Synchrotron Mössbauer spectroscopy (SMS) (Fig. 2) was performed at the X-ray Science Division Inelastic X-ray and Nuclear Scattering Group's beamline 3-ID-B. “This kind of mineralogical mapping using the newly developed Mössbauer microscopy for the first time has allowed us to follow a biomineralization process," said co-author and APS senior scientist Ercan Alp, “producing interesting results. I expect more applications will follow.”
In addition, co-author Paul Smeets of Northwestern used transmission electron microscopy at the Northwestern University Atomic and Nanoscale Characterization and Experiment (NUANCE) Center.
The results showed that the rare santabarbaraite dispersed throughout the chiton’s upper stylus, a long, hollow structure that connects the head of the tooth to the flexible radula membrane.
“The stylus is like the root of a human tooth, which connects the cusp of our tooth to our jaw,” Joester said. “it is a tough material composed of extremely small santabarbaraite nanoparticles in a fibrous matrix made of biomacromolecules, similar to bones in our body.”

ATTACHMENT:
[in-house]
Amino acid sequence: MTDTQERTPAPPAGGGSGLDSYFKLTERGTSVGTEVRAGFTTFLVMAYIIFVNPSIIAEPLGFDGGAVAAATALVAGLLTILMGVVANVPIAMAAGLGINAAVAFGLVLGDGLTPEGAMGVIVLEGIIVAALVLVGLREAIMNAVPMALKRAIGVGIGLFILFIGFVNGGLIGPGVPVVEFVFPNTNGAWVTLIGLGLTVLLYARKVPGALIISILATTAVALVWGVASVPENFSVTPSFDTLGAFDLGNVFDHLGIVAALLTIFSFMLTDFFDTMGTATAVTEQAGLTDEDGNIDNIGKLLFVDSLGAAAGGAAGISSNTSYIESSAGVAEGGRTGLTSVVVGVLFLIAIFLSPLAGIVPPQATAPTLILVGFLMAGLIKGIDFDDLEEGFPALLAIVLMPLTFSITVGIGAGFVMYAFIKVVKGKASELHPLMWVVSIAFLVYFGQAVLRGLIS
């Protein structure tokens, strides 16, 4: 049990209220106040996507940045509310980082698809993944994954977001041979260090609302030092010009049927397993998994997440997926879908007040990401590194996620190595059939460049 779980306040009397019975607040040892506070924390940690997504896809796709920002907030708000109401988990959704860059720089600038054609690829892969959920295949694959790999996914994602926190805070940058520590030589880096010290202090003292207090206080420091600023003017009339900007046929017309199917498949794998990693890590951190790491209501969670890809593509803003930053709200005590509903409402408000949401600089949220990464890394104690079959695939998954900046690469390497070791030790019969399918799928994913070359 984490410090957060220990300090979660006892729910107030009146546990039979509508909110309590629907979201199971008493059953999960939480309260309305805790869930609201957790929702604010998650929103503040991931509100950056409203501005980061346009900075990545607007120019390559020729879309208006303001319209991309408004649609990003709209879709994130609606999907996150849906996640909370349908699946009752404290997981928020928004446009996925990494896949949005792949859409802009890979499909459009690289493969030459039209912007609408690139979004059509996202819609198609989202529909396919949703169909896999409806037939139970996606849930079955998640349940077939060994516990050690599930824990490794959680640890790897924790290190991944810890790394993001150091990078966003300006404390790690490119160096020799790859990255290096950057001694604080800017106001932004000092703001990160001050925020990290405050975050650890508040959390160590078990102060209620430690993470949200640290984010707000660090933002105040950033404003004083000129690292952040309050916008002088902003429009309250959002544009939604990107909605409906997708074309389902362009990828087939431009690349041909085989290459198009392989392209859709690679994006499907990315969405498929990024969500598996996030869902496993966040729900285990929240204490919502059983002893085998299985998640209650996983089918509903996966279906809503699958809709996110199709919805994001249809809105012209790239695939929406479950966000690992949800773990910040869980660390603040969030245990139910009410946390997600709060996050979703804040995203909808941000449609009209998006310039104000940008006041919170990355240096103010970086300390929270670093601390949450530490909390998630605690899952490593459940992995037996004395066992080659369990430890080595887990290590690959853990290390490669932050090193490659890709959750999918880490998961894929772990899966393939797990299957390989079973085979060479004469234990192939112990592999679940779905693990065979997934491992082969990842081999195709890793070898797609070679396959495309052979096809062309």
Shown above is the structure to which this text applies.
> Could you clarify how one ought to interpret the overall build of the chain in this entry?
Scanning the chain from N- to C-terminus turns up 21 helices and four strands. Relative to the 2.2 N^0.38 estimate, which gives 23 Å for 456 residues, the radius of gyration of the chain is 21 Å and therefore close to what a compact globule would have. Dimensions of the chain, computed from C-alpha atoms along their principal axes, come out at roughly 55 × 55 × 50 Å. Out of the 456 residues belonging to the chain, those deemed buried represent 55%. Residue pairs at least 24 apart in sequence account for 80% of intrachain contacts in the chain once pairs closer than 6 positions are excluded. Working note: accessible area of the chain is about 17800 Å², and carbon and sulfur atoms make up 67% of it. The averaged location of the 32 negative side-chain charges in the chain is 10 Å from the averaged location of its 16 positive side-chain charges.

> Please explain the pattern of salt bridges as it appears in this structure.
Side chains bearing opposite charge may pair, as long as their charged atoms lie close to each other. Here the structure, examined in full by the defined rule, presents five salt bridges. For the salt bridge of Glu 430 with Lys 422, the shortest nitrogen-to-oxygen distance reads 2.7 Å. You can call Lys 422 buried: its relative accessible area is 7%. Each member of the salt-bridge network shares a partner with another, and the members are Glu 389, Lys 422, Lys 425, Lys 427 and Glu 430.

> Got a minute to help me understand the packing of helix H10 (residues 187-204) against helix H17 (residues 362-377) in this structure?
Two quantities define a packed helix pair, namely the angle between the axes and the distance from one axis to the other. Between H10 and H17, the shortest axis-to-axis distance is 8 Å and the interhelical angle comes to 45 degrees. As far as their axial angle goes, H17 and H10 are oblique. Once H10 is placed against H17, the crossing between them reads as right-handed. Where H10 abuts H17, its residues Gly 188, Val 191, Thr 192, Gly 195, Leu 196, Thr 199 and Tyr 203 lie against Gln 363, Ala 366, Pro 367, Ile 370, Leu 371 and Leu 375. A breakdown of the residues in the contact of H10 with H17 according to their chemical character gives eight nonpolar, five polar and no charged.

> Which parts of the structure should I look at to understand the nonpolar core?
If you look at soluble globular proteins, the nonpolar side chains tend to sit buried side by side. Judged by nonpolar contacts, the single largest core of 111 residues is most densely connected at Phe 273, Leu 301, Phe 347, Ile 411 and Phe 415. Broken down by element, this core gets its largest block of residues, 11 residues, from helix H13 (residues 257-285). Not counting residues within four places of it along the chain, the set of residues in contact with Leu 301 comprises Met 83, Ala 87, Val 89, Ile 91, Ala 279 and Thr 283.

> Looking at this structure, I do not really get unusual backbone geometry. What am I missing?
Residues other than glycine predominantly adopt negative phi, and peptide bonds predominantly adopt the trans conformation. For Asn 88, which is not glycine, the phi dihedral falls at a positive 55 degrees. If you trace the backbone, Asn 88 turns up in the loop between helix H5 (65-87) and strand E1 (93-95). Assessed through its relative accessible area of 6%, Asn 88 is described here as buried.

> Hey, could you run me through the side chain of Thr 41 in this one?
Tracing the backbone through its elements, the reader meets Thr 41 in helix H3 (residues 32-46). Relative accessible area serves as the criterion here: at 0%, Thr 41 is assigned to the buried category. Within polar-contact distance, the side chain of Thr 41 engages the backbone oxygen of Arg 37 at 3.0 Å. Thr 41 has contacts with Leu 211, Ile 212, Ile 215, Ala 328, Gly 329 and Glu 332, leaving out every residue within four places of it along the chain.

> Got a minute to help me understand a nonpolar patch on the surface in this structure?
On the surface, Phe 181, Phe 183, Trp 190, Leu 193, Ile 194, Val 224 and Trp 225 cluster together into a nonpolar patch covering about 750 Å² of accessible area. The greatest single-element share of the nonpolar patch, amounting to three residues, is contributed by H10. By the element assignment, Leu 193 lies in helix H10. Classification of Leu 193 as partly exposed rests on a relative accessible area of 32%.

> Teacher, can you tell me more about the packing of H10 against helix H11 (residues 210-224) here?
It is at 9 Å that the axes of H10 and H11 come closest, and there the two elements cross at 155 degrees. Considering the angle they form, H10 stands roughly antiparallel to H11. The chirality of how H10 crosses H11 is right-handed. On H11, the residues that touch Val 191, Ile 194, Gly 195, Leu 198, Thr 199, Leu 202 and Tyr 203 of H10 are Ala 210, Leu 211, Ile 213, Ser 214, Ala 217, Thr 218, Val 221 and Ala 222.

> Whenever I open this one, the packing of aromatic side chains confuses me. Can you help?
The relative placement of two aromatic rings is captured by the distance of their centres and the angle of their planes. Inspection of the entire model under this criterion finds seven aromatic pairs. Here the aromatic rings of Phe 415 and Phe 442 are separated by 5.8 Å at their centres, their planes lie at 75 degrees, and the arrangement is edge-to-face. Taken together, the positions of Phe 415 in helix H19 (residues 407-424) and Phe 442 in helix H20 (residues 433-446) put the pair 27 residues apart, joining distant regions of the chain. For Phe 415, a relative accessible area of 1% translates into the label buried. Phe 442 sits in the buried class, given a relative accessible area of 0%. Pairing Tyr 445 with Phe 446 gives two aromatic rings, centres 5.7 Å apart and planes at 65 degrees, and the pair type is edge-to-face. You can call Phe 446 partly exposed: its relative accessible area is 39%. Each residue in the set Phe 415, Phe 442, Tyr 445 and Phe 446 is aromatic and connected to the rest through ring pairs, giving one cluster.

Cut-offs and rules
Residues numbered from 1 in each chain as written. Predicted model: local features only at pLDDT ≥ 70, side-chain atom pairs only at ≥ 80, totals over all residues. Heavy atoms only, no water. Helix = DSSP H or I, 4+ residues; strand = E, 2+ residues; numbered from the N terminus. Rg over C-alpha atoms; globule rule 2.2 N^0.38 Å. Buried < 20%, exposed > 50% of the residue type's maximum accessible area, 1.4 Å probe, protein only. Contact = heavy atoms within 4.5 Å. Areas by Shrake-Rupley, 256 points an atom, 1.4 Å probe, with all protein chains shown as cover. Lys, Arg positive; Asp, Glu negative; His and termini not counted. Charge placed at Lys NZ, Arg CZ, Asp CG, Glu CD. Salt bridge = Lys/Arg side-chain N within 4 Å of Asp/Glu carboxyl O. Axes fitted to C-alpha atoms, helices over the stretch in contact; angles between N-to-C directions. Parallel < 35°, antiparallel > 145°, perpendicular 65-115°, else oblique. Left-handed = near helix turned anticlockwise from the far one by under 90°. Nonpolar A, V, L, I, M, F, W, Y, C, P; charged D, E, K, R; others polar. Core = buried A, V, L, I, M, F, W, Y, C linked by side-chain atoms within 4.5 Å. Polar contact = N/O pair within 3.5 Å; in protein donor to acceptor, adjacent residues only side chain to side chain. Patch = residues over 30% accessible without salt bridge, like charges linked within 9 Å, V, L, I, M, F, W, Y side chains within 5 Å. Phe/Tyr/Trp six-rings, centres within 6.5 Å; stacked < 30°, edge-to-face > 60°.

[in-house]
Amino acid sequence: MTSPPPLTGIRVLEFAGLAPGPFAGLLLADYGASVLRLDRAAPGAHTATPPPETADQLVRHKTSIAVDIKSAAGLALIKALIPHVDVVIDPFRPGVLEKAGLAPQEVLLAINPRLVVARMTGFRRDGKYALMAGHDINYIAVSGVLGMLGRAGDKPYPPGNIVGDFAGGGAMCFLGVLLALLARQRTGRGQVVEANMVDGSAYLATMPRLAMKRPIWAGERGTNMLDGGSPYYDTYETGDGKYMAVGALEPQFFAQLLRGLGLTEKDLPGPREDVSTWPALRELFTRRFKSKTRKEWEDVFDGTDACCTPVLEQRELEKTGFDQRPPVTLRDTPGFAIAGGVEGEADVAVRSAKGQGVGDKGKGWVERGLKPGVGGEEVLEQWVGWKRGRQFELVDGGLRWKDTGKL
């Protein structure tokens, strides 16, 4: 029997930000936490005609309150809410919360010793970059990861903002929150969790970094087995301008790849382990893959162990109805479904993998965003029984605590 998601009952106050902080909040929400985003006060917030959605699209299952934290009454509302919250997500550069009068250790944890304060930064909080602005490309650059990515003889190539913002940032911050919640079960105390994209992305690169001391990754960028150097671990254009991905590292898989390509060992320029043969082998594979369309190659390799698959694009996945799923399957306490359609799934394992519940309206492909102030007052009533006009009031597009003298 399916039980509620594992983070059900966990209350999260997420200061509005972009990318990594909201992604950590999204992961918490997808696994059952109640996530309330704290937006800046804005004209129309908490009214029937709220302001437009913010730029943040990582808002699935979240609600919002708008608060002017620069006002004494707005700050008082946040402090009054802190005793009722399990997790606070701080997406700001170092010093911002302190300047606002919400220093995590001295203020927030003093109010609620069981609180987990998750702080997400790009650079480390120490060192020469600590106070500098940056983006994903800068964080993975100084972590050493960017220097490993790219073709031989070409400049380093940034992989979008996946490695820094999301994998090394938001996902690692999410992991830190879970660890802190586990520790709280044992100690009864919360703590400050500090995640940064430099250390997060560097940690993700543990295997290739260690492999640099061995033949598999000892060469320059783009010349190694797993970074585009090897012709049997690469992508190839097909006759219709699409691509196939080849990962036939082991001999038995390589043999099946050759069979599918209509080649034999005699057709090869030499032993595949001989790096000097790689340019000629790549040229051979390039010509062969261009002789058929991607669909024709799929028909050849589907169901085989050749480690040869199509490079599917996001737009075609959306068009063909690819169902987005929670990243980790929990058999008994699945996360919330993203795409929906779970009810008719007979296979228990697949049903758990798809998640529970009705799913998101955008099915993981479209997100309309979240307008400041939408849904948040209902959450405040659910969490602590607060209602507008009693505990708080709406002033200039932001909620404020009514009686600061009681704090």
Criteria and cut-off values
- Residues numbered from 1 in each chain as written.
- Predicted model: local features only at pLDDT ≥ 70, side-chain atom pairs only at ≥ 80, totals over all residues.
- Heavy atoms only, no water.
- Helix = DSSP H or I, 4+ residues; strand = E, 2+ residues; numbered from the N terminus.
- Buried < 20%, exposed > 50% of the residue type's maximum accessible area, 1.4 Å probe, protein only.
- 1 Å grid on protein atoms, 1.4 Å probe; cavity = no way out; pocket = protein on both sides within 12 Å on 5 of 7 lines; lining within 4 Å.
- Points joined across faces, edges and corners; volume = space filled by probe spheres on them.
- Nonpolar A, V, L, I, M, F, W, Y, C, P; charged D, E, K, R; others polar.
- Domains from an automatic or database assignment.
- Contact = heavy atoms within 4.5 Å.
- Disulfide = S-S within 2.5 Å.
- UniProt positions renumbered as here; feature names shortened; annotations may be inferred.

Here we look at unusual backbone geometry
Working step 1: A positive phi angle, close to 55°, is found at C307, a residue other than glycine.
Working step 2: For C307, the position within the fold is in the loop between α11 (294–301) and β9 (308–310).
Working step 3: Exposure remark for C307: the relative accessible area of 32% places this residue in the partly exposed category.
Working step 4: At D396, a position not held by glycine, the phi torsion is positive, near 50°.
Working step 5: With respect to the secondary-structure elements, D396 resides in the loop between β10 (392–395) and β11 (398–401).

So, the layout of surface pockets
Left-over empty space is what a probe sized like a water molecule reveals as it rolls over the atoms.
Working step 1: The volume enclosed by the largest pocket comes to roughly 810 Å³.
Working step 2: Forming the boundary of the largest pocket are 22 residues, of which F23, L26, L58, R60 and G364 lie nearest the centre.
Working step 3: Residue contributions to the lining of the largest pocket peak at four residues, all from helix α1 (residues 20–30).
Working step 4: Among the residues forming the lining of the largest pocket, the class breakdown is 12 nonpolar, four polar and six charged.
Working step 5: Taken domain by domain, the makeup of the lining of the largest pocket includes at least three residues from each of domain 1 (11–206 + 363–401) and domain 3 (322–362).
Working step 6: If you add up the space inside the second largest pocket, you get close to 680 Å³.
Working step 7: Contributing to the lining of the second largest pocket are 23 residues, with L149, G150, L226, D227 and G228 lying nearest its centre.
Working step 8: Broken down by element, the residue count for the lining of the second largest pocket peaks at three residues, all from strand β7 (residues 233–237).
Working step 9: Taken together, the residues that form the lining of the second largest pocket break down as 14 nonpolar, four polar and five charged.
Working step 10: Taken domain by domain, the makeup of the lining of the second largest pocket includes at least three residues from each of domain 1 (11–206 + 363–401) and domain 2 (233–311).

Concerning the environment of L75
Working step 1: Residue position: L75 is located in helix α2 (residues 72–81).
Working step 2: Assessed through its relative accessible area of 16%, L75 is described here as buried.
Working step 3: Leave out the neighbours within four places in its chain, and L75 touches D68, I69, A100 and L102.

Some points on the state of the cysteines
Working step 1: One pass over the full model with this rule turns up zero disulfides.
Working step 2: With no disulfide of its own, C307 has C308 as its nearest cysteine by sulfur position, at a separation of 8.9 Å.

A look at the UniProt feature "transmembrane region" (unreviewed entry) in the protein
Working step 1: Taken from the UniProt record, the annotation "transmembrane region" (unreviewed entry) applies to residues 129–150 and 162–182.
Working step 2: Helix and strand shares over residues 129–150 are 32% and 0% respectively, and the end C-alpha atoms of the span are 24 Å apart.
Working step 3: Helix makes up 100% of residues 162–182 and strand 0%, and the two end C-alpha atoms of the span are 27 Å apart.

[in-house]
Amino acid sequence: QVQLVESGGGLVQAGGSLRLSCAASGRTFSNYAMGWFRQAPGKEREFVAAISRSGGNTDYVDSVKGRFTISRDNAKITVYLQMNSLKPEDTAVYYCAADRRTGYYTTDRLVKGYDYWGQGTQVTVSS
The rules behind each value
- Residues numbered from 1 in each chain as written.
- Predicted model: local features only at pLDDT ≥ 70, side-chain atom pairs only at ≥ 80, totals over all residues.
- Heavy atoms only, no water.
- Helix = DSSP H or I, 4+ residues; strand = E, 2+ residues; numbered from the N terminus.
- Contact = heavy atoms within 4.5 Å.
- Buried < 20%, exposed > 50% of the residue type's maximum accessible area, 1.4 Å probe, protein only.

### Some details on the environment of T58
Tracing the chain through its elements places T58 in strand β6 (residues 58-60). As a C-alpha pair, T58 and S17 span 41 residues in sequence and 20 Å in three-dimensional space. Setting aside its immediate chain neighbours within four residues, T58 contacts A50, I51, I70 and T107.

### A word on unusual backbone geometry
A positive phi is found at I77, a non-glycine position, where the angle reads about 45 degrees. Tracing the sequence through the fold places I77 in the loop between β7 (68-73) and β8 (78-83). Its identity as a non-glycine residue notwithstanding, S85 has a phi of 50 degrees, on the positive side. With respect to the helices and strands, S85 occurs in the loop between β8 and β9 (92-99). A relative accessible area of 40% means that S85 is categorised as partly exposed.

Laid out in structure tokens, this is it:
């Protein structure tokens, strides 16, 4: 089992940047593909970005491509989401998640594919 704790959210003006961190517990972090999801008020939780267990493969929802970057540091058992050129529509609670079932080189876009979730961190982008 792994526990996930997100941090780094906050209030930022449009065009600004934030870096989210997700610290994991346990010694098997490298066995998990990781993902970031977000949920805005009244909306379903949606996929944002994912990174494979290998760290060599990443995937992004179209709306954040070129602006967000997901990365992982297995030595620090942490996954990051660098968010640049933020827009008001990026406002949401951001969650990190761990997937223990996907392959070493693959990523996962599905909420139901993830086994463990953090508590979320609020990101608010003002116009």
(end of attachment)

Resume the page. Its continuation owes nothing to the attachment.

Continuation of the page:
Joester’s group challenged itself to recreate this material in an ink designed for 3-D printing. Stegbauer developed a reactive ink comprising iron and phosphate ions mixed into a biopolymer derived from chitin. Along with Shay Wallace, a Northwestern graduate student in Mark Hersam’s laboratory, Stegbauer found that the ink printed well when mixed immediately before printing.
“As the nanoparticles form in the biopolymer, it gets stronger and more viscous. This mixture can then be easily used for printing. Subsequent drying in air leads to the hard and stiff final material,” Joester said.
Joester believes we can continue to learn from and develop materials inspired by the chiton’s stylus, which connects ultra-hard teeth to a soft radula.
“We’ve been fascinated by the chiton for a long time,” he said. “Mechanical structures are only as good as their weakest link, so it’s interesting to learn how the chiton solves the engineering problem of how to connect its ultrahard tooth to a soft underlying structure. This remains a significant challenge in modern manufacturing, so we look to organisms like the chiton to understand how this is done in nature, which has had a couple hundred million years of lead time to develop.”